This will likely be an earnest, though potentially infrequently updated, account of my adventures, tribulations,
and everyday experiences as I spend two years working as an environmental Peace Corps volunteer in Fiji

Wednesday, June 8, 2011

Giant Spiders and Scraping Coconuts

NOTE: I was having difficulties posting my pictures onto this post so I'm going to try just putting pictures up on a separate post.      
Less than one month ago I set out on this journey and (regardless of what I said or thought) I was completely unaware of what would actually be waiting for me in the near future. Naturally, I was steeling myself for the worst even if I was expecting better. It’s easy to talk about what life might be like on the other side of such a drastic change, but it’s much harder to actually make that leap and just up and leave; to skip on to the next reality over, putting the life you know and love quite literally on pause, and to dip your toes into the oceans of the unknown.    
Well, now that the overly dramatic intro paragraph has wrapped up nicely, I am happy to report that those unknown oceans have plunked me down into a delightful rural village on Viti Levu and that I’m settling in quite nicely. I have been staying here with my host family for just over two weeks now and have five weeks to go before training ends and I get my two year site assignment. I have a mom (I call her Na) and one brother (who is really a cousin that’s living in the house until his school term starts again—he is getting his bachelor’s in Information Systems). It is just the three of us but I am thoroughly enjoying it! Both of them are eager to help me learn more about the culture and the language, giving me constant opportunity to converse in Fijian. They are going out of their way to teach me some key cultural nuances, or to take me on what I usually find to be an exciting adventure but what they tend to consider daily chores (like fishing, foraging, or bushwhacking). I wonder sometimes if they think I’m crazy for being excited about grating cassava or husking a coconut, but they seem to mostly be excited that I’m excited.    
I’ve been having a grand old time showing people pictures of snow and describing things like broomball, shoveling, and snowball fights. My brother thinks it’s nothing short of amazing that I used to be a clown (and have pictures to prove it), and is just as amused at my ability to mimic the sound of a Snapple bottle opening. There tends to be a lot of laughter going on around here.   
Children call my name wherever I go within the village. They always want to play games or hold my hand. This is also the case with the two other female trainees that are staying here but is (from what I’ve seen) not at all true for the guys.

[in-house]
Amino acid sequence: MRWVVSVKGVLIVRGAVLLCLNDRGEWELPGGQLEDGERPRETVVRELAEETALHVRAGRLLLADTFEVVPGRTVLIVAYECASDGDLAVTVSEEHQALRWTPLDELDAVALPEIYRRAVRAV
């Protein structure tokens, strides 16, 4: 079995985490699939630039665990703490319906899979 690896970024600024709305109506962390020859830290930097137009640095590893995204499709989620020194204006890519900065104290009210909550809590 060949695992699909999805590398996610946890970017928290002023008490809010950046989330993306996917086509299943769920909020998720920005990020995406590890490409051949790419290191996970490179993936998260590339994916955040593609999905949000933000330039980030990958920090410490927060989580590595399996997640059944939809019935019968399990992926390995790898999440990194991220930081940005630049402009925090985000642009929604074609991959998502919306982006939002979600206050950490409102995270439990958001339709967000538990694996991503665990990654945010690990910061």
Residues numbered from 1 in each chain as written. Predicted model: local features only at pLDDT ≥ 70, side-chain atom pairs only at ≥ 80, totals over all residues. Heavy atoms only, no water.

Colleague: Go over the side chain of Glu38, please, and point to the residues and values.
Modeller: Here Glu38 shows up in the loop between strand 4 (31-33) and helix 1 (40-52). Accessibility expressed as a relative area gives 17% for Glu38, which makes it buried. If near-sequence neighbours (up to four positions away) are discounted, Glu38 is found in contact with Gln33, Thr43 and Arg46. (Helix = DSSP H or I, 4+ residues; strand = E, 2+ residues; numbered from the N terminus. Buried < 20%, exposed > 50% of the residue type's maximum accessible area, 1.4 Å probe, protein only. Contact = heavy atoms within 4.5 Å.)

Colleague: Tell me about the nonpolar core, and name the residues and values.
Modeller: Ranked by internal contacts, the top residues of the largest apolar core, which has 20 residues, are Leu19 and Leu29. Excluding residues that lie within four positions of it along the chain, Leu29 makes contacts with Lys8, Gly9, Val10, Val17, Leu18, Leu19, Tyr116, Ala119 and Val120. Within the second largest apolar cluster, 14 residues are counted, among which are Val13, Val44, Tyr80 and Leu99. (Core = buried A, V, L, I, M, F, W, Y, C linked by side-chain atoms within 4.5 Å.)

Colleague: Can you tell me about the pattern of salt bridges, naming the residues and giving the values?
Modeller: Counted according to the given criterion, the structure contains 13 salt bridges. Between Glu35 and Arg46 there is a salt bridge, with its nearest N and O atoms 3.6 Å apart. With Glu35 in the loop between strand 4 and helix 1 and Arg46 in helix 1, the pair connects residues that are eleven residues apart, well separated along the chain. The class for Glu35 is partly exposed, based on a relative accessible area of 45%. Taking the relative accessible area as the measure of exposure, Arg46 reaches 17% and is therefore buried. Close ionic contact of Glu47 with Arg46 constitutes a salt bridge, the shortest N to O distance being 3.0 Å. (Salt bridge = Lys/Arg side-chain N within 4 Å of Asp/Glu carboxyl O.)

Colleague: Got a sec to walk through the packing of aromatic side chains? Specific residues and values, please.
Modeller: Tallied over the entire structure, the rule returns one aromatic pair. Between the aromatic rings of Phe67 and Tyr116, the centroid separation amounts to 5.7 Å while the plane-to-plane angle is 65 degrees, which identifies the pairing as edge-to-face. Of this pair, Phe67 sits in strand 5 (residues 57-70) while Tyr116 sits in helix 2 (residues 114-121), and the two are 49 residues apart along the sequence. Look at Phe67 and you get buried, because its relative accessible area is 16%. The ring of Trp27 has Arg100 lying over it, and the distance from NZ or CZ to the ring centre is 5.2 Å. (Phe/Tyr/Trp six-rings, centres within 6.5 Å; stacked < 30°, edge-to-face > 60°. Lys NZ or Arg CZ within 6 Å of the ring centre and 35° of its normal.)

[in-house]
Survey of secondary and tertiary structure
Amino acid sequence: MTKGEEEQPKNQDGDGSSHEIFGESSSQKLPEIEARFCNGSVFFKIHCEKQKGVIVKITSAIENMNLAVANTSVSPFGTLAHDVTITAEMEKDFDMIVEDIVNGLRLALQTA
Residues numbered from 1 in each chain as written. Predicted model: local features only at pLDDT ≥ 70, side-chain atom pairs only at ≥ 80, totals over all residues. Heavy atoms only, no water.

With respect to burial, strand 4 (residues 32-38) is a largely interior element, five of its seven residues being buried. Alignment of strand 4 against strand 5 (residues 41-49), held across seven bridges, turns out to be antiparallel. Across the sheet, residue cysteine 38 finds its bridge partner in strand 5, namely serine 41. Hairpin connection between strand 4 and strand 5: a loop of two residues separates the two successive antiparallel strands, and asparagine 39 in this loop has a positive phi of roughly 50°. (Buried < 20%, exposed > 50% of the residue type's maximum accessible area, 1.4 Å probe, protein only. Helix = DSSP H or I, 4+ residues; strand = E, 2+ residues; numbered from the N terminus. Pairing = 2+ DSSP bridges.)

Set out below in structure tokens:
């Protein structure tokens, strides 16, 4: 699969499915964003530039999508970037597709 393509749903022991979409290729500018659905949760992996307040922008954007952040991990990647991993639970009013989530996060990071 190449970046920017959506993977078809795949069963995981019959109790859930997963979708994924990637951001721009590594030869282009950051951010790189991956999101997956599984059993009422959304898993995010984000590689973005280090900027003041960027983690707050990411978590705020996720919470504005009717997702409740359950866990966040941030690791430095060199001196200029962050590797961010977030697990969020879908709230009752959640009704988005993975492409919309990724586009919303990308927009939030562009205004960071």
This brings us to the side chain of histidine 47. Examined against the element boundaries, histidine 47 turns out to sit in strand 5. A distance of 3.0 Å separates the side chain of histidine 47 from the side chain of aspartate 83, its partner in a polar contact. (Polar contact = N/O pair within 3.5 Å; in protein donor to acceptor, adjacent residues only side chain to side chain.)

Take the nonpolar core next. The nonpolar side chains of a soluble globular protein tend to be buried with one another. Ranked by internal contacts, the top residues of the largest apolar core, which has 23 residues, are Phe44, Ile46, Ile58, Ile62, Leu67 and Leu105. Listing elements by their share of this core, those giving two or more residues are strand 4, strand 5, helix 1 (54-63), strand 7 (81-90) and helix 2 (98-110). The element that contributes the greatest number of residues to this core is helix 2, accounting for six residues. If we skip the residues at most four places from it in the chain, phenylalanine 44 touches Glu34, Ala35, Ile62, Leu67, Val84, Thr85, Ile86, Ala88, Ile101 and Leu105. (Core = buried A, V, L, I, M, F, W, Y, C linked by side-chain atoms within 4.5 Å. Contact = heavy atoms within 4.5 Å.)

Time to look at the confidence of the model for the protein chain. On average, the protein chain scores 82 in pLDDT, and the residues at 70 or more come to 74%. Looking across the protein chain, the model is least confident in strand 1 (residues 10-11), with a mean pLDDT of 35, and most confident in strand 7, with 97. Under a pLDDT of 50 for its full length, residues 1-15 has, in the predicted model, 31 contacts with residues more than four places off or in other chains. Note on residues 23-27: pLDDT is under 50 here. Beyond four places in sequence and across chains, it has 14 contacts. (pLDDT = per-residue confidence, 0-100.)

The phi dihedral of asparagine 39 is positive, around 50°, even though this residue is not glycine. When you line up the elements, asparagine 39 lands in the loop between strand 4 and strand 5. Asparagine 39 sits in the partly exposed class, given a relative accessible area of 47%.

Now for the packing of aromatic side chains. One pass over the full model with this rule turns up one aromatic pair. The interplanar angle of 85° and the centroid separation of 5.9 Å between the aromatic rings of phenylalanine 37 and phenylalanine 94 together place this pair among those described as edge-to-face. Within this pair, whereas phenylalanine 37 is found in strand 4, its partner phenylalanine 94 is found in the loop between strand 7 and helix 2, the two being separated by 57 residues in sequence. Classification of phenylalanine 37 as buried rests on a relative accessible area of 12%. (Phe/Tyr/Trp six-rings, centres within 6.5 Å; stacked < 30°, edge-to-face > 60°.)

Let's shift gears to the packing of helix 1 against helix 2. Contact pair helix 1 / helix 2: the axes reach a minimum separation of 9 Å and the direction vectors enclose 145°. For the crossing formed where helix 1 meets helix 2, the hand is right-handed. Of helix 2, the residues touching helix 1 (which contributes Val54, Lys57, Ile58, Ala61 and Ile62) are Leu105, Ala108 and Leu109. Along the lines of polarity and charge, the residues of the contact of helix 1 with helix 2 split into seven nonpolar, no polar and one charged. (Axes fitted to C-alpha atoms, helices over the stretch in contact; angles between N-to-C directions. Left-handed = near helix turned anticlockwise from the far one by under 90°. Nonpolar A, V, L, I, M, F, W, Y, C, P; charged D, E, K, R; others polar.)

I am in training six days a week from 8:00 AM to roughly 5:00 PM (with a good 2-3 hours of break in there somewhere). Most days are fully spent in language class, which is conducted by our language coordinator (a native Fijian working for the Peace Corps that also stays in the village with us) and takes place in the village meeting hall. One day a week we visit another village and the trainees there for a day of cultural exchange and one day a week we all come together in the closest town/city for our technical training (this day is also the only time I get internet). Sadly, much of my free time is spent doing technical training homework or studying language for a proficiency interview rather than experiencing culture within my village.  
So I’m including a lot of pictures in hopes of conveying what it is like here and how much I am enjoying myself. It has not, however, been all fun and games. Within 10 days of being here I managed to get myself a nice little staph infection, which I am still fighting off. I am riddled with mosquito bites (to be expected of course) as well as bed bug bites (it’s not fair that my mattress get’s to lie in the sun but I can’t) and a typical cut or two. My hips and lower back have yet to adjust to the cultural norm of sitting on the floor (on woven mats) generally everywhere – school, meals, family time, meetings, etc. I am lucky in that there is furniture at my Na’s house so I can get enough of a reprieve to get by. I’ve seen spiders the size of my fist and cockroaches that are even larger but worse than both is contending with drunken men in town while I am trying to socialize with fellow trainees. Nothing remotely bad has happened yet on that front but it has been enough to keep me constantly on guard.

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